What Exactly is a Servo Motor?
At Rotalec we have been providing motion control solutions from the beginning. We have a variety of solutions on offer from brush DC, Induction AC, coreless, ironless, BLDC, BLAC, linear, frameless, voice coil, stepper, synchronous AC, and many more. What makes a motor a servo motor?
Currently the accepted norm of a “Servo Motor” is a brushless DC or AC permanent magnet synchronous 3 phase motor with some kind of feedback device. While there is truth to this, it is a very narrow application of the term. A servo motor can be any motor, rotary, or linear. What makes a servo is not the motor type, but rather the feedback loop. A controller commands an action from a motor that can be force/torque, velocity, or position. The controller receives feedback from a device mounted to the motor that provides the actual value the motor responded with. The controller calculates the error – difference in actual measured value vs. commanded value to determine the next command signal. This is known as a negative feedback loop. The simplest analogy to a servo process that we are all familiar with is the temperature controller in your home for heating and air conditioning. There is a user set point temperature that defines what the output action is. The feedback is provided by a temperature sensor. The output is a simple ON/OFF signal.
Going back to motors.
By having a cyclic feedback loop where we command, evaluate feedback and repeat very rapidly allows us precise control of motor attributes such as torque/force, speed, position. This is known as a servo update rate. Now it is not impossible to get loop updates 8KHz or faster.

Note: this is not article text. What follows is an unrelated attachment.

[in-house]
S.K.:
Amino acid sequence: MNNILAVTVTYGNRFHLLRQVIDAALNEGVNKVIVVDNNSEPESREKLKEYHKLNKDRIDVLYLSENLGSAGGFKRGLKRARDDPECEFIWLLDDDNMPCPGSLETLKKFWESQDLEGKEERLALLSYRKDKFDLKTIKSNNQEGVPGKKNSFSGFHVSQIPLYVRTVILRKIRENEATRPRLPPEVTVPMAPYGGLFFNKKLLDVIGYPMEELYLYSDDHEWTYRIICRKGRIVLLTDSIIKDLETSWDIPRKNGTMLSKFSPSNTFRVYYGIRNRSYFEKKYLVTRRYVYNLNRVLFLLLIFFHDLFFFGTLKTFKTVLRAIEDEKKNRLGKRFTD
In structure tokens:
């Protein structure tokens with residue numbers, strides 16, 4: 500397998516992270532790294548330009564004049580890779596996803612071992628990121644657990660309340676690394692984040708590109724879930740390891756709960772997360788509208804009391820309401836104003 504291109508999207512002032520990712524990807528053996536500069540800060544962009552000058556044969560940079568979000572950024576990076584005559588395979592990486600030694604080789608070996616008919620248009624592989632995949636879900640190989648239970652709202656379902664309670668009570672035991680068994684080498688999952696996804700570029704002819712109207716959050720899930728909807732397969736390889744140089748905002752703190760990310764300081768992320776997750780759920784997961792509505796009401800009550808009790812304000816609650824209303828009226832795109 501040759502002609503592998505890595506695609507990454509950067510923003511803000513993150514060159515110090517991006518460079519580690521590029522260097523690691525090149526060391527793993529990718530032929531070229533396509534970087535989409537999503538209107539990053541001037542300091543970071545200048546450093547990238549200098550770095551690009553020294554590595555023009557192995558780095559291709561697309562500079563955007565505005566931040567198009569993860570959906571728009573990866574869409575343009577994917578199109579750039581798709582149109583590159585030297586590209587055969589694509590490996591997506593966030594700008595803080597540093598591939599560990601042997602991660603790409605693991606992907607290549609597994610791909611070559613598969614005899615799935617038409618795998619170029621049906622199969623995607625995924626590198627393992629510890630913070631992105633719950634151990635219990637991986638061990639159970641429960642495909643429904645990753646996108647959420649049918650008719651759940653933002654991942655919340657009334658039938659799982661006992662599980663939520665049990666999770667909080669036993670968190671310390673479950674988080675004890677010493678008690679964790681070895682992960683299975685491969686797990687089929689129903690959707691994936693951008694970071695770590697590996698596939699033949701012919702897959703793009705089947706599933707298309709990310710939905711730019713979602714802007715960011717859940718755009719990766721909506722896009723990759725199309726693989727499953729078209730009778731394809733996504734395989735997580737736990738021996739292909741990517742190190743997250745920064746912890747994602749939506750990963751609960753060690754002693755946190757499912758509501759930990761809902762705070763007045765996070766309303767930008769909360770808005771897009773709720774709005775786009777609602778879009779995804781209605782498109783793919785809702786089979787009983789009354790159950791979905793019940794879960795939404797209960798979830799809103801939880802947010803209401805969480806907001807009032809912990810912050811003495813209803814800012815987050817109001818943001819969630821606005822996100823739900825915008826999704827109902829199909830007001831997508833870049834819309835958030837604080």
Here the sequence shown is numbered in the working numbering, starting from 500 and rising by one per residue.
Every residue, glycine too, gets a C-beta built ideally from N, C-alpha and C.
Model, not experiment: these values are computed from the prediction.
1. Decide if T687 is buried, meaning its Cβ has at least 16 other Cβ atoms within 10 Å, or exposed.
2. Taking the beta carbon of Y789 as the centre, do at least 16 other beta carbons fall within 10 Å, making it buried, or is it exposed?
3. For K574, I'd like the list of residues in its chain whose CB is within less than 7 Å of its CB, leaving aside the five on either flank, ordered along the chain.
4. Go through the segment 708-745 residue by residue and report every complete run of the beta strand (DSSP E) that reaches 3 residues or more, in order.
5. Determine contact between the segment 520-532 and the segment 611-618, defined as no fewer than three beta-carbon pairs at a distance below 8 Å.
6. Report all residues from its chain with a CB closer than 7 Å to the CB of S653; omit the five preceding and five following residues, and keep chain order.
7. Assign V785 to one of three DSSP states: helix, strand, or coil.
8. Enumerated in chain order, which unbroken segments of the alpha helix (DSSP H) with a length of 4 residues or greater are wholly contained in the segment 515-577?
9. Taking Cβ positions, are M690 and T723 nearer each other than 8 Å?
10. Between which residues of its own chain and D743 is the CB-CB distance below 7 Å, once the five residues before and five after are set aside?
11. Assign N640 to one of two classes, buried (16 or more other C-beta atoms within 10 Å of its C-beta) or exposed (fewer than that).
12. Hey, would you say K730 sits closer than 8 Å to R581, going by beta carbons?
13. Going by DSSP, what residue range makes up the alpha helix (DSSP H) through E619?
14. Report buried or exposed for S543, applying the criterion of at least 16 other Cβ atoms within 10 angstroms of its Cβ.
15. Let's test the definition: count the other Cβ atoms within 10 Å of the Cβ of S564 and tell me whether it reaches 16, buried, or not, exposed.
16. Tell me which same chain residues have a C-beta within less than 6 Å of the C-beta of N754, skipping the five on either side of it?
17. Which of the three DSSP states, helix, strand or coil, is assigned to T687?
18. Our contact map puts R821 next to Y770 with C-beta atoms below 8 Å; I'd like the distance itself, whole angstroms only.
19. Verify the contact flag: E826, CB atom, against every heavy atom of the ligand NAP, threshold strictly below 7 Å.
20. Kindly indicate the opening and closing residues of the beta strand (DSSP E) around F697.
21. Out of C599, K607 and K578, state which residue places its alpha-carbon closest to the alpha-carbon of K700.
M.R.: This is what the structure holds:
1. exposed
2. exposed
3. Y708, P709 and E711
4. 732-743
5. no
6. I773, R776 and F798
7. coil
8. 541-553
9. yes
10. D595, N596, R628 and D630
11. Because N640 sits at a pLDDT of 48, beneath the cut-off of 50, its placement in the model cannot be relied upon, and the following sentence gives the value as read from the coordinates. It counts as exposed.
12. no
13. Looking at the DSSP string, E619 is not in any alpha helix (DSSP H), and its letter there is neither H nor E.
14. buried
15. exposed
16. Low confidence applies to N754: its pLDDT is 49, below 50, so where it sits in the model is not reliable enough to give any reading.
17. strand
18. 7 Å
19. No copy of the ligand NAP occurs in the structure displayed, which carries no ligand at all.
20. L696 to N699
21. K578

With modern DSP’s we are now able to offer full servo closed loop control of motors that were previously run as open loop only. Enter the bipolar stepper motor. Traditionally stepper motors have been used for open loop positioning to great success. By placing a feedback device in the form of an encoder and closing the loop we can now take these 2 phase 100 pole AC hybrid permanent magnet motors and turn them into a SERVO MOTOR. Doing so offers a number of advantages in many industrial applications where intermittent motion is required. High speed pick and place, indexing are all great applications for a servo motor of this type. The high pole count offers very high torque density per frame size. One really interesting thing about using a stepper as the motor for closed loop servo system is their ability to run more efficiently and cooler than the standard 6-8 pole BLDC/BLAC PM motor. This is particularly important for battery powered applications.
Quicksilver – one company focused on solutions for these motors has an interesting white paper titled “Motor Quality Factor” that compares a 100 pole hybrid motor to a low pole BLDC in areas such as efficiency, heating, power vs. speed.
This shows the total efficiency of a high pole motor exceeds that of a low pole motor over most of the real operating speed range.
Take a look at the Whitepaper from Quicksilver Controls Inc.
At Rotalec, we often find we are tasked to undertake a role as technology advisor for our customers. Motion control is one area where there are many approaches you can take to solve a particular problem. By having the exposure to many industries and experts in their respective fields, we have learned what works best. Just because something works, doesn’t mean it can’t be optimised – reduced in size, reduced in price, increased in performance.
Need a servo? You need Rotalec.